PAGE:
Militants planned to establish 'Islamic emirate' in Tunisia

Militants planned to establish 'Islamic emirate' in Tunisia
3 min read
08 March, 2016
Militants who carried out a deadly attack Monday on a town near the Libyan border had planned to establish an Islamic State 'emirate', said Tunisian Prime Minister Habib Essid.
At least 35 extremist and 11 civilians and security personnel have been killed [AFP]

Tunisian Prime Minister Habib Essid said militants who carried out a deadly attack Monday on a town near the Libyan border had planned to establish an Islamic State group (IS) "emirate".

"The purpose of the attack was to disrupt the security situation in our country and establish a Daesh emirate in Ben Guerdane," he said, using an Arabic acronym for IS.

"But thanks to all the efforts, to the cooperation between our national army and our internal security forces, the reaction was strong and fast," said Essid.

Tunisian authorities said in a statement on Monday evening that the death toll in the Ben Guerdane clashes has risen to 53, with 35 extremists and 11 civilians and members of the security forces killed.

Sources within the ministry of interior told The New Arab that the clashes that had started at dawn were still ongoing into Monday night.

"The operation is still ongoing. Security forces and the army are combing the city and its surrounding areas in search of terrorism elements," said an interior ministry source.

Authorities have also seized a large cache of weapons in the houses and the vehicles used by the militants.

Nidaa Tounes, the country's ruling party announced that a member of their local party branch in Ben Guerdane had been killed in Monday's deadly clashes.

Meanwhile, the Tunisian government imposed a curfew on the city of Ben Guerdane and called on residents to obey the "strict" curfew and cooperate with security services as they continue their operation over night.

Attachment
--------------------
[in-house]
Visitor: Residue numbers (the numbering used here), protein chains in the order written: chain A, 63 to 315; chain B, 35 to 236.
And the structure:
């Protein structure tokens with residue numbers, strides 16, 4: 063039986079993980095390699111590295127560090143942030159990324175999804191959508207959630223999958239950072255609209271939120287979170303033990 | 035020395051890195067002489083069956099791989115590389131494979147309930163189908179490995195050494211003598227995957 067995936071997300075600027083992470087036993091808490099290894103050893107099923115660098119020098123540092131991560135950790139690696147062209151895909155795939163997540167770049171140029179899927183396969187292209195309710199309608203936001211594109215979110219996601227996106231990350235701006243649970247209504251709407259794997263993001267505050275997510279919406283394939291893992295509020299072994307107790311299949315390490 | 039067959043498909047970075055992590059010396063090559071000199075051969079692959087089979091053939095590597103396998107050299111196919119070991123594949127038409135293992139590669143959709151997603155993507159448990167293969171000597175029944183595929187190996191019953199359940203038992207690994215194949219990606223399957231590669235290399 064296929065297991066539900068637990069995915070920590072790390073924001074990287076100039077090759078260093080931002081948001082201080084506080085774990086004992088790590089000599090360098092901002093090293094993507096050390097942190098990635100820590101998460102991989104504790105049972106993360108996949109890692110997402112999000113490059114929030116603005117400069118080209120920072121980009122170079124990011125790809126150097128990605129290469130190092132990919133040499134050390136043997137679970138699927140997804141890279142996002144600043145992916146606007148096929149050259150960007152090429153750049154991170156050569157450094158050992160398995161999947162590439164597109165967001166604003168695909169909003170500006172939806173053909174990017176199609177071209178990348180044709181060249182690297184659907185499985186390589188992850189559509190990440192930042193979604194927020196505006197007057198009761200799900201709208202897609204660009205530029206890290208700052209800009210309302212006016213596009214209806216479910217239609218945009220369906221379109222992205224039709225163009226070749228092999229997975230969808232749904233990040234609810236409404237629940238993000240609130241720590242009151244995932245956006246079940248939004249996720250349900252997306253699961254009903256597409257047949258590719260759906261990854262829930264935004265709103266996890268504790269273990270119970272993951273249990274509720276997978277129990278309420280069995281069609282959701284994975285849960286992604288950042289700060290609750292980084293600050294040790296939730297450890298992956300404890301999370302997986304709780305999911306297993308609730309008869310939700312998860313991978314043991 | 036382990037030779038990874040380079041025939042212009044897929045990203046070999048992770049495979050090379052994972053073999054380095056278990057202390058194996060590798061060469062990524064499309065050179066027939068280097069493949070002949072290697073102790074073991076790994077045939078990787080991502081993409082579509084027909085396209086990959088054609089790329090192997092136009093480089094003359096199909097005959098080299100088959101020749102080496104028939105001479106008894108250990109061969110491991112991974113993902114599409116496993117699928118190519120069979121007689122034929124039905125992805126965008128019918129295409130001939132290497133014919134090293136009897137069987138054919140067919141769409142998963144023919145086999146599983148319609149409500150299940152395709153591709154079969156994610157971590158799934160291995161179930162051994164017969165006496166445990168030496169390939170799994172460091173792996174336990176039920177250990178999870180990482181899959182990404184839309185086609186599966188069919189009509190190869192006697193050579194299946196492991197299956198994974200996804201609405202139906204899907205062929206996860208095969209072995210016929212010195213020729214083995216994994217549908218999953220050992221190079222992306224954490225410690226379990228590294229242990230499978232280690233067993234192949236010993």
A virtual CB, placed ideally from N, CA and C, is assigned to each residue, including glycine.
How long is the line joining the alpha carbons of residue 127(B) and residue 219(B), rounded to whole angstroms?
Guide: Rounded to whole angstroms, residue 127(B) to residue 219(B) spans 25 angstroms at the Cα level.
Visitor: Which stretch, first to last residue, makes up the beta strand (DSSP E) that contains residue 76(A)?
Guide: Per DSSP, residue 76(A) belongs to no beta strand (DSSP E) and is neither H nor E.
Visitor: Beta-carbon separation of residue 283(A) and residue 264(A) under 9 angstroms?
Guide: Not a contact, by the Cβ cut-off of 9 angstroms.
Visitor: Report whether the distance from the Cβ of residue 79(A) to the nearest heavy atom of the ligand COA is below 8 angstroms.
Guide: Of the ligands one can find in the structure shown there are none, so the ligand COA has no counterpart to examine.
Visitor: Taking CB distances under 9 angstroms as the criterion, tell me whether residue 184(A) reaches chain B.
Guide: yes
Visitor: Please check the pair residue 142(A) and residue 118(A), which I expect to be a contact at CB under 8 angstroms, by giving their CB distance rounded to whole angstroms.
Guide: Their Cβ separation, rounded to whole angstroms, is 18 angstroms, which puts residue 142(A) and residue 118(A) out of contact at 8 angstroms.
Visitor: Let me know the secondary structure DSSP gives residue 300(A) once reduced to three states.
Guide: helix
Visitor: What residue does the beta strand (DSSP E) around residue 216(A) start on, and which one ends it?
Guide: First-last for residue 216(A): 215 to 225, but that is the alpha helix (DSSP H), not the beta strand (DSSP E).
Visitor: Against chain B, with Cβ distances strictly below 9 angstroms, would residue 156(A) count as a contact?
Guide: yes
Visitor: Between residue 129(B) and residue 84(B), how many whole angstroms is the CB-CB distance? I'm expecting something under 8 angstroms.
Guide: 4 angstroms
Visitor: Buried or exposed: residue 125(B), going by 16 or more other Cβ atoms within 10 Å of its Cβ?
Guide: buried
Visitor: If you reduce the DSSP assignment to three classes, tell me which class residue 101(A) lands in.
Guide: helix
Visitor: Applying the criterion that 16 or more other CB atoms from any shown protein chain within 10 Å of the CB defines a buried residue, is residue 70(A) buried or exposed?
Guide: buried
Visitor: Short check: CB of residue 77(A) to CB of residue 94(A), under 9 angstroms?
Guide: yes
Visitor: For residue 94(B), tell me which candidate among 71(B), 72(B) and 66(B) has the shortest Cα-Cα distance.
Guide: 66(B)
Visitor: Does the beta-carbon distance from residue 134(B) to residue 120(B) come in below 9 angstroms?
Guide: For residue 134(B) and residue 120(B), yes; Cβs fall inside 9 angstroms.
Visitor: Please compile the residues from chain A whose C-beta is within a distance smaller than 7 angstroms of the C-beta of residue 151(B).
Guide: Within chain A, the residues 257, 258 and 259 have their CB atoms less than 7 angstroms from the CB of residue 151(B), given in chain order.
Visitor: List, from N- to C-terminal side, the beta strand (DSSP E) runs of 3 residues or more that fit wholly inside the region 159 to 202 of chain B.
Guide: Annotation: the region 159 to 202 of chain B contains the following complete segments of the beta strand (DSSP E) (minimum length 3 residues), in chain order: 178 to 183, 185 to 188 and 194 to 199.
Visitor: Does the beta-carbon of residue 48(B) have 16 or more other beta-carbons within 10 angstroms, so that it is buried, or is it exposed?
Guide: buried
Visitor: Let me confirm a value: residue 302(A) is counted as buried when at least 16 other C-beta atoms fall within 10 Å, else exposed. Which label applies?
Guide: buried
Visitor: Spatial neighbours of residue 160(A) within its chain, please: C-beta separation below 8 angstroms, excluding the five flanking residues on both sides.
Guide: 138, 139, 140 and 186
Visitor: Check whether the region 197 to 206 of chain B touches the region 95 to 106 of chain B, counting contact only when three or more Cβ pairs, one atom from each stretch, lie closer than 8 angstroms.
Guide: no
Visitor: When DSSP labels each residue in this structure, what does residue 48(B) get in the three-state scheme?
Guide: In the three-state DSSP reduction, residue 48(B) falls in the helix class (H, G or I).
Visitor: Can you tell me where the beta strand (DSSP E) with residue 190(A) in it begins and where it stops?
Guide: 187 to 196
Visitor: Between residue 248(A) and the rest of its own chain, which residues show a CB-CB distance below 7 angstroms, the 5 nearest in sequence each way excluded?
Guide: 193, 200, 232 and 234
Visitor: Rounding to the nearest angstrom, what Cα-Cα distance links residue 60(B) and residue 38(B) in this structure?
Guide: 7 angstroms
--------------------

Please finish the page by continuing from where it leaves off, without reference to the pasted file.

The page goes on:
Militants had launched an attacked on a barracks in Ben Guerdane, near the Libyan border in teh early hours of Monday morning, sparking a huge firefight and security operation.

According to a UN working group on the use of mercenaries, more than 5,000 Tunisians, mostly aged from 18 to 35, have travelled abroad to join militant groups.

It was the second deadly clash in the border area in less than a week, as Tunisia battles a spillover of violence from its neighbour.

Army units were deployed across the town and set up roadblocks on access roads.

Witnesses said troops were using loudhailers to urge residents to stay indoors. The defence ministry appealed for information on any suspect activity.

Last Wednesday, troops killed five militants in a firefight outside the town in which a civilian was also killed and a commander wounded.

Troops have been on alert in the border area following reports that militants had been slipping across since a US air strike on an Islamic State group training camp in Libya on February 18 killed dozens of Tunisian militants.

Tunisia has built a 200-kilometre (125-mile) barrier that stretches about half the length of its border with Libya in an attempt to stop militants infiltrating.

Last month's US strike on the IS training camp outside the Libyan city of Sabratha targeted the suspected mastermind of two of last year's attacks, Noureddine Chouchane.

Washington has said Chouchane was likely among the dozens of militants killed, and that the strike probably averted a mass shooting or similar attack in Tunisia.

Britain announced last week that it was sending a team of around 20 soldiers to Tunisia to train troops patrolling the border with Libya.

Thirty Britons were among 38 foreign holidaymakers killed in a gun and grenade attack on a beach resort near the Tunisian city of Sousse last June.

And last March, gunmen killed 21 tourists and a policeman at the Bardo Museum in Tunis.

According to a UN working group on the use of mercenaries, more than 5,000 Tunisians, mostly aged from 18 to 35, have travelled abroad to join militant groups.

Agencies contributed to this report